June 4, 1899
Ya’akov Hazan, a leader in socialist politics through Israel’s first four decades, is born in Brest Litovsk, Russia.
He is a founder of the Hashomer Hatzair scouting movement in Poland in 1915 and an early member of the HeHalutz agricultural youth movement. He immigrates to Mandatory Palestine in 1923. He works in an orchard and is involved in swamp draining until in 1926 he joins the kibbutz that becomes Mishmar HaEmek. In 1927 he helps found Kibbutz Artzi, a movement of kibbutzim associated with HeHalutz and the socialist Mapam party.
As a leader of Mapam, Hazan supports global communism and the Soviet Union and urges a pro-Soviet stance for his party and state. He argues that the Soviet Communist Party’s opposition to Zionism results from a misunderstanding, and in 1949 he calls the Soviet Union the Jewish people’s second homeland. He begins to turn against the Soviets after the suppression of Prague reformers in 1952 and the death of Joseph Stalin in 1953. He then is instrumental in Mapam’s split with Moshe Sneh, who maintains support for the Soviet Union and joins Maki, the Israeli Community Party.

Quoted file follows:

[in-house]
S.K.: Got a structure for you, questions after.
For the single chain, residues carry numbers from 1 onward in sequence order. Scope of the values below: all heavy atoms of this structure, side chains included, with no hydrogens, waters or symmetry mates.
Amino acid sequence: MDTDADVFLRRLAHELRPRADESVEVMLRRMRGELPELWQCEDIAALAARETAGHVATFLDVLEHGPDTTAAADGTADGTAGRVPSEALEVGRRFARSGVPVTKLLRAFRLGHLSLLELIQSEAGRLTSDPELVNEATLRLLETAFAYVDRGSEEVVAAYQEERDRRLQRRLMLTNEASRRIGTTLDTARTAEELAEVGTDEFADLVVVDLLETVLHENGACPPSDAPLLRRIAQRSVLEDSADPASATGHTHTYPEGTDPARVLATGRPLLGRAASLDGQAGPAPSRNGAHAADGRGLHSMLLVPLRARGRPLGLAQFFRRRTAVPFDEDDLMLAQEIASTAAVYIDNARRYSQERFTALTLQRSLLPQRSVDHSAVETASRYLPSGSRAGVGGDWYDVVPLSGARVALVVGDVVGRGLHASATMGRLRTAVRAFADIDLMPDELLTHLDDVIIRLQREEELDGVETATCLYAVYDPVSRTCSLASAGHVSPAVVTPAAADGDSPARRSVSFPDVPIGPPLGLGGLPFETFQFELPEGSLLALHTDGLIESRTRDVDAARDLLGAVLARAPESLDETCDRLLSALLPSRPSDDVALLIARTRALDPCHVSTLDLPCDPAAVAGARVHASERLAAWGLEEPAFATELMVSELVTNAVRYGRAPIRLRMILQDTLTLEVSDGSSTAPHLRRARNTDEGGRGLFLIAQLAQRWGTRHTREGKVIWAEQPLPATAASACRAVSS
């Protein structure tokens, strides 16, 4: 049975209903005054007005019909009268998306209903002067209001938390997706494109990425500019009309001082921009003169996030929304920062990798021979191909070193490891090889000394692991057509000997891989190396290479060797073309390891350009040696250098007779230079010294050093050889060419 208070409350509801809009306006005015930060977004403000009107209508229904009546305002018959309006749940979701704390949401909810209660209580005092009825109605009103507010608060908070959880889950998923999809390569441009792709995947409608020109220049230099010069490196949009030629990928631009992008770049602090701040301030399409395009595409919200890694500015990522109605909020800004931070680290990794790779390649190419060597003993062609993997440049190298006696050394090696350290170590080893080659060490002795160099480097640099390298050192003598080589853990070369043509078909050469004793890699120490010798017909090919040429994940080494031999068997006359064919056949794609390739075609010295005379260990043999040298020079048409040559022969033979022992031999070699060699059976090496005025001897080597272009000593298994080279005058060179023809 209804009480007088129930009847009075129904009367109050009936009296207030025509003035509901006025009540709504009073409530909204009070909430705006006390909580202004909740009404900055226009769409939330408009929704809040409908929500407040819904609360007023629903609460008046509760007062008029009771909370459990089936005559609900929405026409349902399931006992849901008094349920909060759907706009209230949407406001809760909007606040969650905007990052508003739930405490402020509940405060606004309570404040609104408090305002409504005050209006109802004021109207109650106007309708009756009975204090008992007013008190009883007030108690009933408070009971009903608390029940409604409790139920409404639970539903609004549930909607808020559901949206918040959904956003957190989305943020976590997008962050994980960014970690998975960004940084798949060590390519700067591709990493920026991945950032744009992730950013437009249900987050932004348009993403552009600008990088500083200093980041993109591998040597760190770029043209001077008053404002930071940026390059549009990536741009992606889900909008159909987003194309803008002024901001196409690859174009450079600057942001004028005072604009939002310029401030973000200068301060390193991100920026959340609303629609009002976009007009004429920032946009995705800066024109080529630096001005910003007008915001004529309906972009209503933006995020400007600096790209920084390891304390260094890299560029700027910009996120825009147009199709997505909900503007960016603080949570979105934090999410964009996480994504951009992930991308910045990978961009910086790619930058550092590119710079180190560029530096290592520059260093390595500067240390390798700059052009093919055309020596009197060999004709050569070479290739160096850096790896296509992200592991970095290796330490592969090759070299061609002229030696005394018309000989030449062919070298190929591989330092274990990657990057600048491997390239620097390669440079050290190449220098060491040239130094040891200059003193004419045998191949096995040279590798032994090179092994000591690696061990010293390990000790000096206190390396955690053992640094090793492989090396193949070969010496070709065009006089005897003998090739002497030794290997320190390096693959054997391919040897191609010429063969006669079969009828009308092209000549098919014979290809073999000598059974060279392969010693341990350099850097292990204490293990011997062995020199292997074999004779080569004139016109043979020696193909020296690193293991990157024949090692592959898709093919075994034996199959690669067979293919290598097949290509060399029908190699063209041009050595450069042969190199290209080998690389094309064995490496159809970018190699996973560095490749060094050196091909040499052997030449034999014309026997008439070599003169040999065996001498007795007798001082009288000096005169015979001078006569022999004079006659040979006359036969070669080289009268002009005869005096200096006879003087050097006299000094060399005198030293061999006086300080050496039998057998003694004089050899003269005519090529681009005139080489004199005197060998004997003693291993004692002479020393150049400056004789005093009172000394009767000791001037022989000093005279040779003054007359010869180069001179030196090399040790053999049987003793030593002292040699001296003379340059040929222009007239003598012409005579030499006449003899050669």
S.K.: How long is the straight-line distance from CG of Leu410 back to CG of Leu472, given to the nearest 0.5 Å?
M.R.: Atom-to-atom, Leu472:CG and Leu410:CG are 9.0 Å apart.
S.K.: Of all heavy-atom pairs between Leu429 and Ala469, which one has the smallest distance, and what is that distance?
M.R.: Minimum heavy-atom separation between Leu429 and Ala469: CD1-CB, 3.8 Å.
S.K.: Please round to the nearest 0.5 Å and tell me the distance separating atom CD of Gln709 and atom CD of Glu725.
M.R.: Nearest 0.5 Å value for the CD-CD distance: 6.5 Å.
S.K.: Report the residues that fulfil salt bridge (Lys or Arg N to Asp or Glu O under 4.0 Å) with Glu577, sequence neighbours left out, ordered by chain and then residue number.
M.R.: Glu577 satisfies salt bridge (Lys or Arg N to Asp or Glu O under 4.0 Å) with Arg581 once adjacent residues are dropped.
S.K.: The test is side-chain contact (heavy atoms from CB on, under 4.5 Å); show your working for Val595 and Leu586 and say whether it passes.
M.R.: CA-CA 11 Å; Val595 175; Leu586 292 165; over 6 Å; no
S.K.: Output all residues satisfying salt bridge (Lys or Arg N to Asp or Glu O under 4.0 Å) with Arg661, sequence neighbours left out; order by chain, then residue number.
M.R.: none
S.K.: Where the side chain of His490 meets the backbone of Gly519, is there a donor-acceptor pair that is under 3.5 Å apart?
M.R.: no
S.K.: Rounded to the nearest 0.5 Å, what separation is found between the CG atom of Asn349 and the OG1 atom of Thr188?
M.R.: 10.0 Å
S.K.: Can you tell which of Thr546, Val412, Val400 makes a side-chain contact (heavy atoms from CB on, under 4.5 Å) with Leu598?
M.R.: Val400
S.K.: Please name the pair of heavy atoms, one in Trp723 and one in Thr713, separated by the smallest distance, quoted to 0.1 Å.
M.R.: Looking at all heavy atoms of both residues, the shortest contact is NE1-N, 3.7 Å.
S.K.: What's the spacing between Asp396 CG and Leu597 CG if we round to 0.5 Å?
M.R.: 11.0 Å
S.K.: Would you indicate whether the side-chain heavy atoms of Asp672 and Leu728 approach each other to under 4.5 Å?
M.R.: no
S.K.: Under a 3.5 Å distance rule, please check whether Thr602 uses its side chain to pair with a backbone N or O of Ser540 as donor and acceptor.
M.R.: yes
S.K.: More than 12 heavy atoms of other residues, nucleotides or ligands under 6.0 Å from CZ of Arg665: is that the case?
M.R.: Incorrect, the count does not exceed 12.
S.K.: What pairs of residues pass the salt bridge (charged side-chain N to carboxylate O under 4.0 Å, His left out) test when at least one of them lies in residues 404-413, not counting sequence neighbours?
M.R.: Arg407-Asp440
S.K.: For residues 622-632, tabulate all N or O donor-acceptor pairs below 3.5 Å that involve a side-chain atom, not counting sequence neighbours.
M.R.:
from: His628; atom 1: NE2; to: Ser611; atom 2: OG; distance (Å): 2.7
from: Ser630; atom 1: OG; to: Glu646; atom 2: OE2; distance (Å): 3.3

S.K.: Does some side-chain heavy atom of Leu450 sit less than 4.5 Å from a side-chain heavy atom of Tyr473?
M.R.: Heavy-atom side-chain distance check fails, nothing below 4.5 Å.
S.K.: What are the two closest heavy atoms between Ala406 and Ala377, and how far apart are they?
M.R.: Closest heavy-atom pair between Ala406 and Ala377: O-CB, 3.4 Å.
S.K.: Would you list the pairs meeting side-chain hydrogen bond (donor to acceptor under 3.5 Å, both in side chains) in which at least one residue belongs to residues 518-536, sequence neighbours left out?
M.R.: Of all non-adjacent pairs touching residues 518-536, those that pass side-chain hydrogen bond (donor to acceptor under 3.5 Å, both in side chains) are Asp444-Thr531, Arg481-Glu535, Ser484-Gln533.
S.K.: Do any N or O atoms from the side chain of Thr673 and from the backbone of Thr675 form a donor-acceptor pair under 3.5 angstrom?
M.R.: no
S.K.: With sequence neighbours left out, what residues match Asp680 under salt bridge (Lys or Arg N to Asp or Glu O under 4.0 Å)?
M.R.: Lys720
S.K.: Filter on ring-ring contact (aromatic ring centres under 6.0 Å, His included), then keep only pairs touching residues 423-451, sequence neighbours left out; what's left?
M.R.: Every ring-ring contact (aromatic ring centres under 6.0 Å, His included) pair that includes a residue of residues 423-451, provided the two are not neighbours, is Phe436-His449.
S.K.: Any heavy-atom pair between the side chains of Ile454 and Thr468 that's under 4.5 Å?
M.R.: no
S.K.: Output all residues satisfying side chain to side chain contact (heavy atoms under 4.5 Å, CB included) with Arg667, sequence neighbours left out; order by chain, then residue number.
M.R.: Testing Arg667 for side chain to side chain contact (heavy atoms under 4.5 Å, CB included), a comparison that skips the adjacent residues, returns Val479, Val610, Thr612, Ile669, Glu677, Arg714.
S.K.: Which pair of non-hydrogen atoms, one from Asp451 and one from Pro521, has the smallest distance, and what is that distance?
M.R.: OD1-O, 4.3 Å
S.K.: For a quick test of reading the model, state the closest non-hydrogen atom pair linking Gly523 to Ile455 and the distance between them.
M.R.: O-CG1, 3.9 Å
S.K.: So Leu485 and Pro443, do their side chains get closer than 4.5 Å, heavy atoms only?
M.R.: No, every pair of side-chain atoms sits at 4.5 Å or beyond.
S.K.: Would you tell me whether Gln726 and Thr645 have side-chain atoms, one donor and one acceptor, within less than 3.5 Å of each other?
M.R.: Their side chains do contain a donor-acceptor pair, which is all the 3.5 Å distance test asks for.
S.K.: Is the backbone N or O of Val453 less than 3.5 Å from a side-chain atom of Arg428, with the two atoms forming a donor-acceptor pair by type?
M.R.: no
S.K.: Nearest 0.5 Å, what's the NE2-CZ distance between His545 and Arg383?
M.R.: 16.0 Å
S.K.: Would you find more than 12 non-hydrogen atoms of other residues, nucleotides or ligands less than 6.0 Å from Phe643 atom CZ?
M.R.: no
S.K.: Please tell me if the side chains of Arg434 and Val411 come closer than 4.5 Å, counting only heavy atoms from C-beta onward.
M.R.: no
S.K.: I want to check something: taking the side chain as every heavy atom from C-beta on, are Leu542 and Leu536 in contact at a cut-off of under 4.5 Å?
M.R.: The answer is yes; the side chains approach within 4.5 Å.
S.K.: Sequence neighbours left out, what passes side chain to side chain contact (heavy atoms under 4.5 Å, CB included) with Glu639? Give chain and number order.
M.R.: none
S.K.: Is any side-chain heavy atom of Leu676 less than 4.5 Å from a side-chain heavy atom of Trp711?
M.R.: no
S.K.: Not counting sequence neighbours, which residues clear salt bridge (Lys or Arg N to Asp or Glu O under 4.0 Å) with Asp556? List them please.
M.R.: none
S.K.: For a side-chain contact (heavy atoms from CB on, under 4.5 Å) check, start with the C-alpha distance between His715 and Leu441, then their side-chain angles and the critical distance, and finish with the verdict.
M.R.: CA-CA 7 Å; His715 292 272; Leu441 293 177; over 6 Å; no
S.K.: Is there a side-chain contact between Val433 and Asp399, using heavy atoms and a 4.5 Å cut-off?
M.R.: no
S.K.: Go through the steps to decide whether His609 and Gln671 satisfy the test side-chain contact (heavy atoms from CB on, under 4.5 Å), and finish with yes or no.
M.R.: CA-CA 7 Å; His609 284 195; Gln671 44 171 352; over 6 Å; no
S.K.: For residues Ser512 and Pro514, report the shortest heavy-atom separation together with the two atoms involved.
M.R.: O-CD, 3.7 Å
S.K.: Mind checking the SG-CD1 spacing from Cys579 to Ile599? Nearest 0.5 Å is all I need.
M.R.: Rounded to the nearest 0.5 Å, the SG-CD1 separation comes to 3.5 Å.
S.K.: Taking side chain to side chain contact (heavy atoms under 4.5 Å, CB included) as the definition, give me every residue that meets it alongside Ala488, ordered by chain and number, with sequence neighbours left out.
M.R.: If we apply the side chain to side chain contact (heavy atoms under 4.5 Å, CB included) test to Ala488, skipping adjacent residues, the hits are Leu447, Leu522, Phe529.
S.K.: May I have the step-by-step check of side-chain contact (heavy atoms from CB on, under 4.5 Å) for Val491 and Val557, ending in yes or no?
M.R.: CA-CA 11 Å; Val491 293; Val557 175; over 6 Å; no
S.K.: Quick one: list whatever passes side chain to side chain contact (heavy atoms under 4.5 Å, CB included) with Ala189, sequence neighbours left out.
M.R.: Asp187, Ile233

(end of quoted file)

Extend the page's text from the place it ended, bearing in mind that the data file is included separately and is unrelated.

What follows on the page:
Hazan serves in the first seven Knessets from 1949 to 1973. He represents Mapam, to the left of the governing Mapai party, until Mapam joins with Mapai’s successor, Labor, to form the Alignment in 1969. He remains active in Israel’s peace movement after leaving the Knesset and is nominated for president in the 1980s. He receives the Israel Prize in 1989 for his life’s work for Zionism and Israel.
Hazan dies July 23, 1992, at age 93. The last of his 13 books, autobiography “Childhood and Youth,” is published posthumously in 1993.